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Laoshi H.B. Muralidhara started his own journey of Qigong–Taichi in 2004 to address his personal health issue.  He went to his good old martial teacher who taught him Qigong–Taichi. 



Cancerous tumour dissloved 

Taichi (CMC-37 inspired from Yang Style) is like a sequence of slow, gentle, relaxed but deep ballet like dynamic body movements to harvest qi into the human body.  These gentle body movements much as they seem slow, have a deep impact on different parts of external as well as internal body organs.  Each organ is gently massaged by a sequence of purposeful movements, joints lubricated, breathing, heart beat and pulse rate slowed down, oxygen and energy supply increased.  These sequences are done in a meditative state for greater relaxation and deeper impact on body and mind.  Practiced regularly and sincerely, Taichi promotes vibrant health, prevents diseases, cures illnesses and rehabilitates beaten body and mind.  It facilitates the body to make its own medicine to set right any imbalance caused due to the energy blockages in the body.  Once familiar with the sequences, it is simple and easier to do it as it does not need much effort.  In fact the lesser the effort, the greater would be the result.


The founder Professor. Cheng Man ch'ing is best known in the West for his tai chi chuan. The following are some of the characteristics of his "Yang-style short form."


It eliminates most of the repetitions of certain moves of the Yang long form.

It takes around ten minutes to practice instead of the twenty to thirty minutes of the Yang long form
The hand and wrist are held open, yet relaxed, in what Cheng called the "Fair Lady's Hand" formation (as opposed to the straighter "Chinese tile" formation of the Yang style)
The form postures are not as expansive as Yang Ch'eng-fu's form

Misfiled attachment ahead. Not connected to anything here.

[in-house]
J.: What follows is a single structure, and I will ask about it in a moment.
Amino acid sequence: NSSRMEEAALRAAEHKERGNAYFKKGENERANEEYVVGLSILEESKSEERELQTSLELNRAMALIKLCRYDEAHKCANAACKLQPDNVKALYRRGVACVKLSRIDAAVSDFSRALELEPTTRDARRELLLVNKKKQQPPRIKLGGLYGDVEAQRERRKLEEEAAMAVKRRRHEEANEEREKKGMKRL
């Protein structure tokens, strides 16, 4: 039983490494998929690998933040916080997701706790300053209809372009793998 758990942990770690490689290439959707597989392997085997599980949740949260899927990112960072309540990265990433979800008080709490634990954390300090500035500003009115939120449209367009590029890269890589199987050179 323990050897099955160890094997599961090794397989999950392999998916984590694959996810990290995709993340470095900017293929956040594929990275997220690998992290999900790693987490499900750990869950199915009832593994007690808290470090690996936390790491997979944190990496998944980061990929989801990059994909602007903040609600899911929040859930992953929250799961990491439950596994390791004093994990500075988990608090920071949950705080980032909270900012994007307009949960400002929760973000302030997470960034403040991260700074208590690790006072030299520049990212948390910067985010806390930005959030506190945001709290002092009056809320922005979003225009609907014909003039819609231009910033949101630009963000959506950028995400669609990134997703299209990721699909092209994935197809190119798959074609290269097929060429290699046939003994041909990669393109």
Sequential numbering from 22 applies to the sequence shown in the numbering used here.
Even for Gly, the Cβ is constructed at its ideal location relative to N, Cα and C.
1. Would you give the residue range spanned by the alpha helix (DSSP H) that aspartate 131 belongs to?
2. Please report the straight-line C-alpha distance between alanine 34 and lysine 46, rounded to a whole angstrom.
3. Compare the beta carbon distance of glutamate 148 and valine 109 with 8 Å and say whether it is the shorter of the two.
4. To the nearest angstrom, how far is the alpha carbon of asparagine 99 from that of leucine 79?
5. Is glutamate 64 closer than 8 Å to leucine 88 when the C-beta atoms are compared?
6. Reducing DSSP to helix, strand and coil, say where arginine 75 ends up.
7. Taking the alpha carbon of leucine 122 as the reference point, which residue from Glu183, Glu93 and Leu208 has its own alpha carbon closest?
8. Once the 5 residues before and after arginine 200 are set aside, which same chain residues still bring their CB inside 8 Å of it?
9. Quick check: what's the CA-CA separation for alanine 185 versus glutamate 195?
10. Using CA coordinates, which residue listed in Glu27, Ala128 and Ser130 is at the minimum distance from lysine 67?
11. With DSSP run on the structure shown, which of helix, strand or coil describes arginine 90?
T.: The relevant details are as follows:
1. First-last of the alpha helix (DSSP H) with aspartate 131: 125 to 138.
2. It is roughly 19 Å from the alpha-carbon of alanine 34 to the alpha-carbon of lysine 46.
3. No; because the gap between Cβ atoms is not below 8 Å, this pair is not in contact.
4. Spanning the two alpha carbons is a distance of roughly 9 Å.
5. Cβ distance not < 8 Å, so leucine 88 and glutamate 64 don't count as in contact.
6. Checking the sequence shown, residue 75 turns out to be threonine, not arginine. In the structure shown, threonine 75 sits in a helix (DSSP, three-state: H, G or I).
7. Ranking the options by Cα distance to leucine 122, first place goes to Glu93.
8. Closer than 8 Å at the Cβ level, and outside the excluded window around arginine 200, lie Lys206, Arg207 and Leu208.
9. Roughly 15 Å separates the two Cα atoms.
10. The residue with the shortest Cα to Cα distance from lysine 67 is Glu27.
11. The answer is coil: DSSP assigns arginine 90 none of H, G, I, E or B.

Cheng postures are performed in "middle frame" style, which changes the movement of the feet from the Yang version.
Cheng's concept of "swing and return" in which the momentum from one movement initiates the next.

These changes allowed Cheng to teach larger numbers of students in a shorter time. His shortened form became extremely popular in Taiwan and Malaysia, and he was among one of the earliest Chinese masters to teach tai chi chuan publicly in the United States. His students have continued to spread his form around the world.
It should be noted that Cheng rejected the appellation "Yang Style Short Form" to characterize his tai chi. When pressed on the issue, he called his form "Yang-Style Tai Chi in 37 Postures."

Cheng's changes to the Yang style form have never been officially recognised by the Yang family and (perhaps partly because of the continued popularity of Cheng's shortened form) his style is still a source of controversy among some tai chi chuan practitioners. From Cheng's own point of view, the approval of his elder brother disciple Ch'en Wei-Ming was all the recognition he needed, since by that time Yang Cheng-fu was deceased, and all of the current generation of Yang Cheng-fu leaders were junior to him.


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